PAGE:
The Last Streetlight In Heaven
heaven’s filling up with diplomas from a youth
waiting single file on the will call line
listening to crows that learned a verse
when they sat above the schools,
“it doesn’t look like verona anymore” they say,
“there’s a dirt pit where the swimming pool was.”
i hope the boys can use their track marks
as road maps
and hold the hands of girls
who sold their final sacrament
on the newark streets,
where spring feels like december
where glass clogs the gutter
and no price is too high
for a whole generation to erase
some of its hunger.
these towns flood now
but the rains never come.
there are enough mother’s tears
to water the lawns.
and in every man’s poverty we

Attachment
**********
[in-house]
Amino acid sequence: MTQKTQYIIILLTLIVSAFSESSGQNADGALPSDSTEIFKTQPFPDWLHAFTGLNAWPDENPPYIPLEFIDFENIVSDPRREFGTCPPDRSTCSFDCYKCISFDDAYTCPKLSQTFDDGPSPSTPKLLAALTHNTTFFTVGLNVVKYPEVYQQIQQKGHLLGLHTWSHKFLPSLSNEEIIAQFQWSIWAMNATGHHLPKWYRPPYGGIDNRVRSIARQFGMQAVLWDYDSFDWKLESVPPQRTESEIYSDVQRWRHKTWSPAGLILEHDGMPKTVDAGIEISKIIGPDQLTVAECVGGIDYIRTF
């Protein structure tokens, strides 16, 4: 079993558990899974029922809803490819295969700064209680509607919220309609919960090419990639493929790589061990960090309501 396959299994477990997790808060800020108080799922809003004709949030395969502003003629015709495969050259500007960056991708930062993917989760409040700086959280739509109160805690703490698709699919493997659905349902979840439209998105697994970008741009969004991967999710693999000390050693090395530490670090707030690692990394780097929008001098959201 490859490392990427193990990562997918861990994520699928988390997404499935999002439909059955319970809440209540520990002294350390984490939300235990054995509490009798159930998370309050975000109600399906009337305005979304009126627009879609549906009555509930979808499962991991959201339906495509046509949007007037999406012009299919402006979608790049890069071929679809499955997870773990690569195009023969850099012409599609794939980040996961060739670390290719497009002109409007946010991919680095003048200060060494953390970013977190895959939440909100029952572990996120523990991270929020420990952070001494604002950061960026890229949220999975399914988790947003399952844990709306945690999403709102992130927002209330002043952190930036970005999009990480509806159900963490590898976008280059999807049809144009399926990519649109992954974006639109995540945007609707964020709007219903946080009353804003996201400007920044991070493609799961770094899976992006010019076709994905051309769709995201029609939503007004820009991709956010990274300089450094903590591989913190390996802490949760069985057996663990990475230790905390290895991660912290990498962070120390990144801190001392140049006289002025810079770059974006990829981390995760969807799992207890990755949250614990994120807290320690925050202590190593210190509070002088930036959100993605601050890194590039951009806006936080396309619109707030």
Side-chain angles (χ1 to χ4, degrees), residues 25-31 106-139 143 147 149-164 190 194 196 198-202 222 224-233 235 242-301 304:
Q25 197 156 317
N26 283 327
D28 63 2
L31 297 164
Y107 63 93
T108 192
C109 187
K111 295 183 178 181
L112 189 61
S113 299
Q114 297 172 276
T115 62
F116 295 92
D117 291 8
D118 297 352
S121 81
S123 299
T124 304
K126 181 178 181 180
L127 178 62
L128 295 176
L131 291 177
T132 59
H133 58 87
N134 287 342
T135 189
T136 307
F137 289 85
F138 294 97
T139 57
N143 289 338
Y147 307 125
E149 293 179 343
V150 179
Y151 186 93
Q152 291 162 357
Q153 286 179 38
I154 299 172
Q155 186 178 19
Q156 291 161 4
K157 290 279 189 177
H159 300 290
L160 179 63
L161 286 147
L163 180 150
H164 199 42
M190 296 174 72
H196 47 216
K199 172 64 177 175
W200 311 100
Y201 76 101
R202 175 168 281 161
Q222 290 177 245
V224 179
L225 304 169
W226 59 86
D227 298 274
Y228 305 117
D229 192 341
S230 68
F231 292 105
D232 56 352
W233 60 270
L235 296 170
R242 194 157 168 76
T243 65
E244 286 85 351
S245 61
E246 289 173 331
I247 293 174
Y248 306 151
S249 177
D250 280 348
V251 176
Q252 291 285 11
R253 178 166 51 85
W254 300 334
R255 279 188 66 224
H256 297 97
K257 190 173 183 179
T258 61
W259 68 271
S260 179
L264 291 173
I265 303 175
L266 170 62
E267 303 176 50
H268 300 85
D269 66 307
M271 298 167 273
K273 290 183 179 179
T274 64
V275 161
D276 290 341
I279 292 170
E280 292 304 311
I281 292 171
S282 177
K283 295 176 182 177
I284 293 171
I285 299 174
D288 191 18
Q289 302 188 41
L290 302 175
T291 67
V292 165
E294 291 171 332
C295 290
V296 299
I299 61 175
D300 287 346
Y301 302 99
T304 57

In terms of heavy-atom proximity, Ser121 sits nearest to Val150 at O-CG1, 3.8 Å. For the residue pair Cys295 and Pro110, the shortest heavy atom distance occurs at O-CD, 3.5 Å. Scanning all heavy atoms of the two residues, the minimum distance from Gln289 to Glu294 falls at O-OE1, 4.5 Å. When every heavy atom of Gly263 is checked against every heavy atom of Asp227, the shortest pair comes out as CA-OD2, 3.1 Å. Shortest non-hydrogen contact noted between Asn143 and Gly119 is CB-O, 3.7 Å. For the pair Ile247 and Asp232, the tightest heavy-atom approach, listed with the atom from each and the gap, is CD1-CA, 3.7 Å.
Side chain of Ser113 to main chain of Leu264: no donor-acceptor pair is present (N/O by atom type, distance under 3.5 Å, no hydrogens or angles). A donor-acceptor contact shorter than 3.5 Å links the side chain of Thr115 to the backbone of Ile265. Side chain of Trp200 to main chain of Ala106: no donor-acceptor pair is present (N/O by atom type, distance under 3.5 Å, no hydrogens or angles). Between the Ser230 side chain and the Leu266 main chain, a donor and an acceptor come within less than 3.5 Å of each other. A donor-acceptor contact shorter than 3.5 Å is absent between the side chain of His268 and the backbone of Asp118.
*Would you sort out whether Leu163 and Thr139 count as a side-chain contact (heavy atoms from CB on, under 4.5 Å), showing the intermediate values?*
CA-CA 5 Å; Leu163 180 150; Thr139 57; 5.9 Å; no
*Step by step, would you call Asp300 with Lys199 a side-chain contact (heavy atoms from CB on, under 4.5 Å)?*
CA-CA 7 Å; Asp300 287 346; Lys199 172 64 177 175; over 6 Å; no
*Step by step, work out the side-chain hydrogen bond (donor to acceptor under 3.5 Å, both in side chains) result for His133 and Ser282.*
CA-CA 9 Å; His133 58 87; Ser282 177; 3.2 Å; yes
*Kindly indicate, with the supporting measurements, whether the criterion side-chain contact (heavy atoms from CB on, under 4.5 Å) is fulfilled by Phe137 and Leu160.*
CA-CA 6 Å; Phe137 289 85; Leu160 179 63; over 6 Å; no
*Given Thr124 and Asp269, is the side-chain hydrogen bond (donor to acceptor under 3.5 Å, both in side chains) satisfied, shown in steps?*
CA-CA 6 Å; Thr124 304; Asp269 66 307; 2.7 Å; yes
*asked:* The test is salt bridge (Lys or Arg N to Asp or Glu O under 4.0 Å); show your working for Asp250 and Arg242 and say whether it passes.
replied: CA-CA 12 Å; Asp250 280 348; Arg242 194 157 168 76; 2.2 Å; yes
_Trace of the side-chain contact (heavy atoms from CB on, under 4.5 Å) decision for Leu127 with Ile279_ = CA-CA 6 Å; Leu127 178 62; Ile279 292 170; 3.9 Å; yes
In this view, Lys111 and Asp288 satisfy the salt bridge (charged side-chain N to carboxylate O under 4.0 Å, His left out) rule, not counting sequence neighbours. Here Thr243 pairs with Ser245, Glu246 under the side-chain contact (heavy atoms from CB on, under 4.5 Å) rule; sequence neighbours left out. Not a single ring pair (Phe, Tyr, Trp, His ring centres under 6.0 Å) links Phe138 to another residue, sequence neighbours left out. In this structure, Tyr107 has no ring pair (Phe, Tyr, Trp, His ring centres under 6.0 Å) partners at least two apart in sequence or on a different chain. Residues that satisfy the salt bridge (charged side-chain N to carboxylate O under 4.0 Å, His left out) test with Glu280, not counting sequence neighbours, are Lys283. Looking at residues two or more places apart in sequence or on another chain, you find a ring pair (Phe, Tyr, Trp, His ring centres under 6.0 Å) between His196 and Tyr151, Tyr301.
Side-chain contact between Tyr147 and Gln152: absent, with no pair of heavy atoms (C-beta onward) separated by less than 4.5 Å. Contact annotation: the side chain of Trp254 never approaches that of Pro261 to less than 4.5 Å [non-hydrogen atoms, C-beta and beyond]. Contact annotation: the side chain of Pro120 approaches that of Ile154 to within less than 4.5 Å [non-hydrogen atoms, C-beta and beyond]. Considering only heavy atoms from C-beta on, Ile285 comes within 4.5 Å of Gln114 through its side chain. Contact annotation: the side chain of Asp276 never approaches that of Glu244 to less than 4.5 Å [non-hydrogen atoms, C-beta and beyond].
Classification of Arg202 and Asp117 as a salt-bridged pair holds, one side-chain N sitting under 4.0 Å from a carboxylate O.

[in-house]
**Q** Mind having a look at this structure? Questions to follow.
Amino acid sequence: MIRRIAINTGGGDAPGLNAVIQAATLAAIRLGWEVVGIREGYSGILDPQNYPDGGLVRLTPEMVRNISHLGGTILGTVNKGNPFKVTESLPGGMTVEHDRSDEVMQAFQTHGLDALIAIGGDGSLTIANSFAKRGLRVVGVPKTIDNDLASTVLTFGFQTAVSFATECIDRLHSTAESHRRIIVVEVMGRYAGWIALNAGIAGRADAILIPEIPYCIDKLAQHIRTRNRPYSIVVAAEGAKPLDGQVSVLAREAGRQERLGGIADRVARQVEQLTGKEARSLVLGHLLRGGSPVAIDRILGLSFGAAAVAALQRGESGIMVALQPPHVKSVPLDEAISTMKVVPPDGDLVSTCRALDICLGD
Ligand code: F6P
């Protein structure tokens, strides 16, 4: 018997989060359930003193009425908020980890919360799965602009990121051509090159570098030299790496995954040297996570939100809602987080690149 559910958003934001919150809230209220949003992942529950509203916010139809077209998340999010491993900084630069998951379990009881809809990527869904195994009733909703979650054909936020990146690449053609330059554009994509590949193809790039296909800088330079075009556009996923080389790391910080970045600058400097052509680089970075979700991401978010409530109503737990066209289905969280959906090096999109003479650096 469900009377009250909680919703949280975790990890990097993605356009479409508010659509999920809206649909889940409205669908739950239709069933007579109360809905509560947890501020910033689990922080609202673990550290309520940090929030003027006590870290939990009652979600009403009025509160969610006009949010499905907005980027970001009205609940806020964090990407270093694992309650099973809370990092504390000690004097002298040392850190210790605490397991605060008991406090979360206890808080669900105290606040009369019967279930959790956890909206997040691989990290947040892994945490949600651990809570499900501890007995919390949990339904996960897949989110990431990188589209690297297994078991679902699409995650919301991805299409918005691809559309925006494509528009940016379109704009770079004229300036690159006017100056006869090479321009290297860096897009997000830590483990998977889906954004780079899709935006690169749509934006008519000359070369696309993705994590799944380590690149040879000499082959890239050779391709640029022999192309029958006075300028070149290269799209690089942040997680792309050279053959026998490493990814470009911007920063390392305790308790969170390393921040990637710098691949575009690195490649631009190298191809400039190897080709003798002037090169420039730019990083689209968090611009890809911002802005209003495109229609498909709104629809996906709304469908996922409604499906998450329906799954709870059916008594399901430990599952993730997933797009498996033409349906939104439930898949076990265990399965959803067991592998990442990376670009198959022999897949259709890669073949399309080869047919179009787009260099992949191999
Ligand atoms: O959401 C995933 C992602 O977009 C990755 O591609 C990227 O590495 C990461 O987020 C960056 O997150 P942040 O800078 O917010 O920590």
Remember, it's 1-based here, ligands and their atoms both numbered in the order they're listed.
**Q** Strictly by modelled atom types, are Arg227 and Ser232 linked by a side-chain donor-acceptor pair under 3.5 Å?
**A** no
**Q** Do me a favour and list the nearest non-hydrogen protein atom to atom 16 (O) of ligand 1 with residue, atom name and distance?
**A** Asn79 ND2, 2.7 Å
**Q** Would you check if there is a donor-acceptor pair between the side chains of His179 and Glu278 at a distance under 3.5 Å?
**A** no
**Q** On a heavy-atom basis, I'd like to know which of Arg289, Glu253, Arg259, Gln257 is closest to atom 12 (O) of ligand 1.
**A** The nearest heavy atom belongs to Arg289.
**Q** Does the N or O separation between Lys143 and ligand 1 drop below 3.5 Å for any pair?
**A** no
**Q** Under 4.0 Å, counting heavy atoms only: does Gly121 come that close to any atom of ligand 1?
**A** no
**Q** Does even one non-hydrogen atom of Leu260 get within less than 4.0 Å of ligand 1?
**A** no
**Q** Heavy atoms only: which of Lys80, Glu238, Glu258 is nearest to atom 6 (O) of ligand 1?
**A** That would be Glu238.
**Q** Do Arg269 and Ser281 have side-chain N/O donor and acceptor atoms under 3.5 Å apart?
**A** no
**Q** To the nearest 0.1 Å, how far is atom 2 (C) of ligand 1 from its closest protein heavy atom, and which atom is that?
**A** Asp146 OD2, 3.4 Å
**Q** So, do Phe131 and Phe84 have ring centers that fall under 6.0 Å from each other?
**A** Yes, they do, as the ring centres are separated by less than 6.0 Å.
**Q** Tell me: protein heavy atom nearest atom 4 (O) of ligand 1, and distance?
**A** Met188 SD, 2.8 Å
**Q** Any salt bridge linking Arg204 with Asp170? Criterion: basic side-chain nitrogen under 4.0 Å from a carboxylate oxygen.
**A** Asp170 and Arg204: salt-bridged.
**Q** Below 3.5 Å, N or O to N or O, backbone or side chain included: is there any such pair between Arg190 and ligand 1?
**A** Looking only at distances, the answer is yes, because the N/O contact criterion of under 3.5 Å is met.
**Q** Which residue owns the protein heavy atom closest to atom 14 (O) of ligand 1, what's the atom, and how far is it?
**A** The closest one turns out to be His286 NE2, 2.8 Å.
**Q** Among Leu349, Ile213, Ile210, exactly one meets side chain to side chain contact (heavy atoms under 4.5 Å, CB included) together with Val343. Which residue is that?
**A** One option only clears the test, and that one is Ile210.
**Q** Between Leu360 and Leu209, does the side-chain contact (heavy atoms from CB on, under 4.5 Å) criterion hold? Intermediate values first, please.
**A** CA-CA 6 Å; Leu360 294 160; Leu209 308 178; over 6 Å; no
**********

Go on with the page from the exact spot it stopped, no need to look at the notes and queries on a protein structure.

can see the origin of night.
the first syringe.
the abscene of god.
we were a town once
but nothing is left,
and there’s no sky clear enough
for the lucky ones to reckon under
a whole history of past sins
built above indian bones.
the interest keeps rising on americas crimes.
our parents lined up to vote
and hoped it would always stay the same
but the hurricane comes and the
shattered glass gets washed away
and they keep signing up fresh faces
to take its place
image by Harry Rajchgot, 2015, Cote saint Luc, Quebec